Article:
Mixed language, defined as the use of features attributed to one language (words, grammar, intonation) in another, is widely believed to be exclusive to multilinguals, although monolinguals use it, too. The difference is that monolingual mixes go by rather more benevolent labels like ‘borrowings’: words like bungalow, robot, typhoon, for example, or captain, mutton, prince, aren’t indigenous to English but are nevertheless said to be English words. The observation that multilinguals mix their languages, often implying a deviation from some ‘proper’ linguistic expression, in fact describes typical multilingualism. Rather than evidence of deficient language command, language mixes provide evidence of proficient multilingualism.
Among very young multilinguals, reasons behind mixes are best sought in the children’s motor immaturity. Beginner vocal tracts, or hands, need a long time and much hard work to acquire the sophisticated gymnastics required of fluent speech, or sign. When faced with, say, a difficult word in one language, young children naturally choose an alternative word that fulfils the same purpose but that they can manage more easily. So do all of us when learning a foreign language: children’s first language(s) are as foreign to them. Very young children have no idea that they are learning what adults call ‘languages’, or ‘different’ languages – or that adults worry about such things. All they want is to get things done for them, and they do this their way.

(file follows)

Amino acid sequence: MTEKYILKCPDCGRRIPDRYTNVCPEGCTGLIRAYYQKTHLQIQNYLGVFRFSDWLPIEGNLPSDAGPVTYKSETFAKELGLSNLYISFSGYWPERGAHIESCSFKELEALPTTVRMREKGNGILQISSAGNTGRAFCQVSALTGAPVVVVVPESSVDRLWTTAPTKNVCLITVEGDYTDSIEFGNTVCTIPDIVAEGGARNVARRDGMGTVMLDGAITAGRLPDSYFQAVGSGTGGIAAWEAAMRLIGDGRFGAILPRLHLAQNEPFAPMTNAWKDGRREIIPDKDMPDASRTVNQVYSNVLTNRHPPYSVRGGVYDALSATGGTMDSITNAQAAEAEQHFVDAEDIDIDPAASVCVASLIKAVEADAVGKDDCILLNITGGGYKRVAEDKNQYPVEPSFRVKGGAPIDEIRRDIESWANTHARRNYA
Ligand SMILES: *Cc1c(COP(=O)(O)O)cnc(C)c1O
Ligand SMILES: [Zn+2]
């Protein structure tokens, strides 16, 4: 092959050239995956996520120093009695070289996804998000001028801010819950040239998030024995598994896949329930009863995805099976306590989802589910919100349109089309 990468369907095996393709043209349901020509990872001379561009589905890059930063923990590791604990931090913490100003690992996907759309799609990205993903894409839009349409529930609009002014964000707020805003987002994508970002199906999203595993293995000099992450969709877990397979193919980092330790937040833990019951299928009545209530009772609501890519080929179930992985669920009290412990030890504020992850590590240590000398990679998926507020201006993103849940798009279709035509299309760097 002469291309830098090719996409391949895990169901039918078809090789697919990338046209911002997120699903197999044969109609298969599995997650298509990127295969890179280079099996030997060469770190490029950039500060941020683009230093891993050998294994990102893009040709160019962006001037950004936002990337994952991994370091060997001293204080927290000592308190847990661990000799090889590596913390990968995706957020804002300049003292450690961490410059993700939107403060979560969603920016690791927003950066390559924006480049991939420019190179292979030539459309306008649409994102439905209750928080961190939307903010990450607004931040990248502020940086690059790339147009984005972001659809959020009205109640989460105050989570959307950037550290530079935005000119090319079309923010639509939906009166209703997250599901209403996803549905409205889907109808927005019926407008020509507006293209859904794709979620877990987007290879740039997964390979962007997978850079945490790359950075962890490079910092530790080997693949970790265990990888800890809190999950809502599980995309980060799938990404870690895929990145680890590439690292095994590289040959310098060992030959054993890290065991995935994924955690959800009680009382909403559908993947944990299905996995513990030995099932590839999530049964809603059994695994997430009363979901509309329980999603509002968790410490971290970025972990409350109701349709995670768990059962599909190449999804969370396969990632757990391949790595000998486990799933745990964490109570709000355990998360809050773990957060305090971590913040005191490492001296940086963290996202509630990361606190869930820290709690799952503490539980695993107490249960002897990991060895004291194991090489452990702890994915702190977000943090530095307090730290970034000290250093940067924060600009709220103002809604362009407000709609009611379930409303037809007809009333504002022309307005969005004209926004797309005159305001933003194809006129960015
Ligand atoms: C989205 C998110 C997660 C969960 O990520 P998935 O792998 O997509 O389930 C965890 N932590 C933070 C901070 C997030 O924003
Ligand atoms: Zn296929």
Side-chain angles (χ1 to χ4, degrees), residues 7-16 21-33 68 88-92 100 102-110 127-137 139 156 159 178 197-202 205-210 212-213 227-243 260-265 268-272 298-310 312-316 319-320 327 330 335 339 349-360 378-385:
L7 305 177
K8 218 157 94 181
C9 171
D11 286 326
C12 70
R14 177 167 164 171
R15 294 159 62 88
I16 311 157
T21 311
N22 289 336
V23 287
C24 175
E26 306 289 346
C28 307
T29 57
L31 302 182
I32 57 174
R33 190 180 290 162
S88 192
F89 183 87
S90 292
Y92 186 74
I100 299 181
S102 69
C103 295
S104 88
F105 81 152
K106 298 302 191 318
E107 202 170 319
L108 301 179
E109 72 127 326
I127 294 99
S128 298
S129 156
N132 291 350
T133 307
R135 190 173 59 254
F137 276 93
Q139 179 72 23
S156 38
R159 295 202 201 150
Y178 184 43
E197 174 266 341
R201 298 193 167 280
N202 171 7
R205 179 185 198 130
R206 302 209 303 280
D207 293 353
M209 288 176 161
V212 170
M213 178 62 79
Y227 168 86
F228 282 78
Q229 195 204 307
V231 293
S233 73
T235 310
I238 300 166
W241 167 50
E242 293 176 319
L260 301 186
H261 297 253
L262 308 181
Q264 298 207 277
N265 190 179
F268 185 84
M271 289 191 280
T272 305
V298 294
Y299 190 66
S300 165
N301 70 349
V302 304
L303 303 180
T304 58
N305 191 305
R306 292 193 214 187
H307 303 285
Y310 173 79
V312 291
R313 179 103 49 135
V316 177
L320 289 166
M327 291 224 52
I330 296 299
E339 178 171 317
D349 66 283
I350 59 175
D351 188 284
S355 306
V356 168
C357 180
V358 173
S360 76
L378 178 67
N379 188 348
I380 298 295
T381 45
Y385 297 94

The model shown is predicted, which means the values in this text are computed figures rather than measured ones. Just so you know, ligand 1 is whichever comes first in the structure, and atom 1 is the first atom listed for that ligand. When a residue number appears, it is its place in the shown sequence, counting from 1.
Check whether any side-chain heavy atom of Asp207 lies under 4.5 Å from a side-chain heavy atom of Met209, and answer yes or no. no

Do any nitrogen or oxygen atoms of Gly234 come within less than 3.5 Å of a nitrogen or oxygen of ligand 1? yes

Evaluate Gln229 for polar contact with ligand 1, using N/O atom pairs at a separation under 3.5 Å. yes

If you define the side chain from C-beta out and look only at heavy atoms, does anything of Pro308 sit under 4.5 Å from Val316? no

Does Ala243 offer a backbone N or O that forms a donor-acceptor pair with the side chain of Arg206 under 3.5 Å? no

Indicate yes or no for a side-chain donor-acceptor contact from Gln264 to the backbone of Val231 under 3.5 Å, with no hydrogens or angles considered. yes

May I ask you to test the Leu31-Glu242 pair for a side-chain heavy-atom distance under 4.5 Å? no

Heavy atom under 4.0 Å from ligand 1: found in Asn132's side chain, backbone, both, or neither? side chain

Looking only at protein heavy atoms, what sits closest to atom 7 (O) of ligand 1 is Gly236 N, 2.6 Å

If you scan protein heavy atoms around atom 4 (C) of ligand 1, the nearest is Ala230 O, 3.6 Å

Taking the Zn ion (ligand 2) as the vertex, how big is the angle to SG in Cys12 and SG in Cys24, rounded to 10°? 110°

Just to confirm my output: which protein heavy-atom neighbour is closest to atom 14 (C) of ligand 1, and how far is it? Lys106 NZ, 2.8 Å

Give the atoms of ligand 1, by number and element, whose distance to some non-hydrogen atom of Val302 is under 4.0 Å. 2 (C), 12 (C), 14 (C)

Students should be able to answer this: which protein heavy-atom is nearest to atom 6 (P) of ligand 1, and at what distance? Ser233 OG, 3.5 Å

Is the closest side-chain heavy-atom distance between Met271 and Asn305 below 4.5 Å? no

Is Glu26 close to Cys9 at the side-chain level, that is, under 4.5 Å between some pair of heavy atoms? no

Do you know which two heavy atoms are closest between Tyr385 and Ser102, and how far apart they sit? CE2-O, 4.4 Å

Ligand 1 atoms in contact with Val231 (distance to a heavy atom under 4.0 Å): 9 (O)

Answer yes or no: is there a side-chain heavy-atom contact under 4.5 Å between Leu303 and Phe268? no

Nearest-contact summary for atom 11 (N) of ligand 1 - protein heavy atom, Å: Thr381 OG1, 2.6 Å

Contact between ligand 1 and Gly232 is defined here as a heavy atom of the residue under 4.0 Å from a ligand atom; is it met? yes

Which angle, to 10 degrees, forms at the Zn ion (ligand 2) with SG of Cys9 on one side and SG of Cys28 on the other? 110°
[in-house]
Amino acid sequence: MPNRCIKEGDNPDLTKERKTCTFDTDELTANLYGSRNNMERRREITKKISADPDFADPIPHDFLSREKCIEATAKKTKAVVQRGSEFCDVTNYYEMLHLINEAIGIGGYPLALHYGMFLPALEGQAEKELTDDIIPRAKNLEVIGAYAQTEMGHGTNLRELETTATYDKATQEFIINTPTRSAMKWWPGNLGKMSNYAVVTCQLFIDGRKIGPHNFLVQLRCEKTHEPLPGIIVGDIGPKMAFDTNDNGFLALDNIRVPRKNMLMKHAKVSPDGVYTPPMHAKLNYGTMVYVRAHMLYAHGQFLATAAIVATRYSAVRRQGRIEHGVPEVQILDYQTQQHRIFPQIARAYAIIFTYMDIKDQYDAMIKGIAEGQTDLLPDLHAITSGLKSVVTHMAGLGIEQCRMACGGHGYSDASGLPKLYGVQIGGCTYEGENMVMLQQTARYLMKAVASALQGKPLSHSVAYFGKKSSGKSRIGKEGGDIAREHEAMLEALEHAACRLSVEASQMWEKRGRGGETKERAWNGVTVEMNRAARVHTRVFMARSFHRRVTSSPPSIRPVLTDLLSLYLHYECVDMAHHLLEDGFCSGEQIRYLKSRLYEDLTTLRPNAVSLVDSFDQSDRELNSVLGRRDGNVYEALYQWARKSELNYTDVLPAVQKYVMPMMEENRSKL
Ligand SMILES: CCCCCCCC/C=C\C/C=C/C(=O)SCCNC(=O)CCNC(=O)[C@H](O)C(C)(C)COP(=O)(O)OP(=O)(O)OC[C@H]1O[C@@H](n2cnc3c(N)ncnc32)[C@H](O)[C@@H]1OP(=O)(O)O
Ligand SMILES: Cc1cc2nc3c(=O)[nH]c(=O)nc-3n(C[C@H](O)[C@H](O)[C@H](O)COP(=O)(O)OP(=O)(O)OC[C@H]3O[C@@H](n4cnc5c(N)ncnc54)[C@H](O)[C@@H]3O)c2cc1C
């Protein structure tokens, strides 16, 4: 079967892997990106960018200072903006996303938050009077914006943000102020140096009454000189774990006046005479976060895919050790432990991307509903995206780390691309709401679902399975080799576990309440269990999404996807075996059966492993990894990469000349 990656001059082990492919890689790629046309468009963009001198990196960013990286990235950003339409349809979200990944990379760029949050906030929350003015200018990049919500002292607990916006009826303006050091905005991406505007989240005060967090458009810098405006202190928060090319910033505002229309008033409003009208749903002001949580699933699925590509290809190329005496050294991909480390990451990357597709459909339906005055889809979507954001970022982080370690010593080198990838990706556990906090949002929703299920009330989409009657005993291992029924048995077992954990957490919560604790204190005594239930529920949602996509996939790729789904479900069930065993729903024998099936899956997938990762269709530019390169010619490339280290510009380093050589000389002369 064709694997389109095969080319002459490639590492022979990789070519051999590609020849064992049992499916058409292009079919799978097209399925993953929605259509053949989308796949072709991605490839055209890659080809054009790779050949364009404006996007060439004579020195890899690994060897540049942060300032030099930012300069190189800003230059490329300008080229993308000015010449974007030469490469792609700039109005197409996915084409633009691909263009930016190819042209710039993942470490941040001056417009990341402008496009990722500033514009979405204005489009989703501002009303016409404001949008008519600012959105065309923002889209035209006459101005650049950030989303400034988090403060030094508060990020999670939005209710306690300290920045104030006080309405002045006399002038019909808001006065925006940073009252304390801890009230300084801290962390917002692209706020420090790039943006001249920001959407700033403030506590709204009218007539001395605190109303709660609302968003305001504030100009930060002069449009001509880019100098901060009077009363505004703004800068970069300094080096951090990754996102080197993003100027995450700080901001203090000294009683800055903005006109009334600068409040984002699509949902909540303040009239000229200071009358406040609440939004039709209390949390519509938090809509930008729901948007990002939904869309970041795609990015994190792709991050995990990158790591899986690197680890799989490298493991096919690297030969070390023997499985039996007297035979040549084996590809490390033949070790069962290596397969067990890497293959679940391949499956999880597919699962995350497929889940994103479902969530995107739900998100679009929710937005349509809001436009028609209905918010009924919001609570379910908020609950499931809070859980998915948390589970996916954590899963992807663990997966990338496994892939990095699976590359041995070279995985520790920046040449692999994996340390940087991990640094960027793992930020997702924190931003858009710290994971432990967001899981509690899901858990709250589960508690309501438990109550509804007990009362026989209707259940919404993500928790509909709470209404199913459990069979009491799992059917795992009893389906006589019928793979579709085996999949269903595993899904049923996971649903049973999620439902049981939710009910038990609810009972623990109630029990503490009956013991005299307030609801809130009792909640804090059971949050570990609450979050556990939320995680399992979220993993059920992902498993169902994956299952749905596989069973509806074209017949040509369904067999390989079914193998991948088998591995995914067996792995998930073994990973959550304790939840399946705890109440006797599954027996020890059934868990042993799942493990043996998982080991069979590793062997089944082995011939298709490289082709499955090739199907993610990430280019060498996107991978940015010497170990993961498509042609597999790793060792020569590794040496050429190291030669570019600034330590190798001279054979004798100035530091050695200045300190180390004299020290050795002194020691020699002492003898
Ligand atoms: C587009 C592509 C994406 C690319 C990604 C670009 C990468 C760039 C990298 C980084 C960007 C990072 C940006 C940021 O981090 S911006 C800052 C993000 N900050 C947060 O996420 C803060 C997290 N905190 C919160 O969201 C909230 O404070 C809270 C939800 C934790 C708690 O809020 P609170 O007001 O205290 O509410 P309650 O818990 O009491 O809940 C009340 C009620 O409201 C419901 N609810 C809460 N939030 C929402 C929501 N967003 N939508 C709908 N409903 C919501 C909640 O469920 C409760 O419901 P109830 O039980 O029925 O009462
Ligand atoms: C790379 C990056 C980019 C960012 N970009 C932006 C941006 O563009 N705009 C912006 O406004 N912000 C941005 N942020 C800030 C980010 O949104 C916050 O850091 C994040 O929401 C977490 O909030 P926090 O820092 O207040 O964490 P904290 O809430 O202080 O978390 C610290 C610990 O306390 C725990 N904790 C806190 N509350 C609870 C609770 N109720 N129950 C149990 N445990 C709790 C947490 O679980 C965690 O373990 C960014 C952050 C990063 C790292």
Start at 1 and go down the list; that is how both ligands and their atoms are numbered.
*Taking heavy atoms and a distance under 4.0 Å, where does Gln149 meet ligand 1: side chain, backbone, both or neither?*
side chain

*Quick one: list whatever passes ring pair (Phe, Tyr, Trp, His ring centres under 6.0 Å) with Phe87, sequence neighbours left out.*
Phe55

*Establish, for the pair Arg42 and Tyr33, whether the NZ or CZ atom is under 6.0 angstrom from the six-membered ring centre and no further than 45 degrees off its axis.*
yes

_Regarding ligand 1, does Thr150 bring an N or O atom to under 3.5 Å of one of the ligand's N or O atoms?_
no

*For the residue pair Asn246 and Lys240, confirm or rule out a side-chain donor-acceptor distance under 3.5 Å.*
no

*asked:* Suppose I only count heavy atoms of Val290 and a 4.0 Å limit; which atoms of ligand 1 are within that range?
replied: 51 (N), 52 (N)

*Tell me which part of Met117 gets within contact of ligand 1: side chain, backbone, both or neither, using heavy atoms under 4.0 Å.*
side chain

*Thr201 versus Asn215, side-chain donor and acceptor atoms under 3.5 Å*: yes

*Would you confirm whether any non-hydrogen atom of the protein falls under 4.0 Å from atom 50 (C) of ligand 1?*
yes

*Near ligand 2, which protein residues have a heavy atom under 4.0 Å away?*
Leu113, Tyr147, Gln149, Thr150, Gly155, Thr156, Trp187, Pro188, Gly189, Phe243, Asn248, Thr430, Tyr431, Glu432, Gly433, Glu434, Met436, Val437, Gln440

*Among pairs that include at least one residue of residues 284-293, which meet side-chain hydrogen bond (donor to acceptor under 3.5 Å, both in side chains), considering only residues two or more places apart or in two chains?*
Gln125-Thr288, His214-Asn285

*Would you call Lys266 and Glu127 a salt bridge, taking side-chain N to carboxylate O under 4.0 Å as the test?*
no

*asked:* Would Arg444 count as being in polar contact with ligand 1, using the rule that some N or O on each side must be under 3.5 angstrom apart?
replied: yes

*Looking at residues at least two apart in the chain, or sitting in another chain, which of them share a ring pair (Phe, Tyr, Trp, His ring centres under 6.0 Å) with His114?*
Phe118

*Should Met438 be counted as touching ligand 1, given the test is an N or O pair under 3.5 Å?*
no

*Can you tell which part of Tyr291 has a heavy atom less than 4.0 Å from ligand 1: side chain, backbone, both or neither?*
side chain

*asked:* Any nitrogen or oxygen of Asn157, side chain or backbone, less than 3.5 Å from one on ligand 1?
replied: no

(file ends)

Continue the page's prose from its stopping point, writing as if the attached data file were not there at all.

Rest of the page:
Among older multilinguals, mixes relate to different languages having different personalities, just like people. Words or expressions in one language, rather than another, may strike us as more appropriate to what we want to say. One typical scenario is this: the children have just come home from school, and want to report their school day. The language of choice in which to do this is the school language, since the school day took place in it. The children are expected to use the home language instead but, to them, the home language lacks school-bound vocabulary and grammar. So one solution is to fill those gaps in the home language with bits and pieces of the school language.
One reason for this may be developmental. Very early in life, we gain awareness of ourselves as individuals, and of the world around us as independent from us. The overwhelming consequences of this realisation are perfectly expressed in the popular label ‘The Terrible Threes’. From our parents’ perspective, one of the terrible things that happens to us is our discovery that our peers are infinitely more fun to engage with than those oldies at home whom we’d so far regarded as the only available source of well-being. From around age 3, in other words, our children will do as we did before them, and start favouring peer company and adopting peer models. This naturally includes linguistic models, and this is why school languages are not only a powerful magnet, but a largely irresistible one.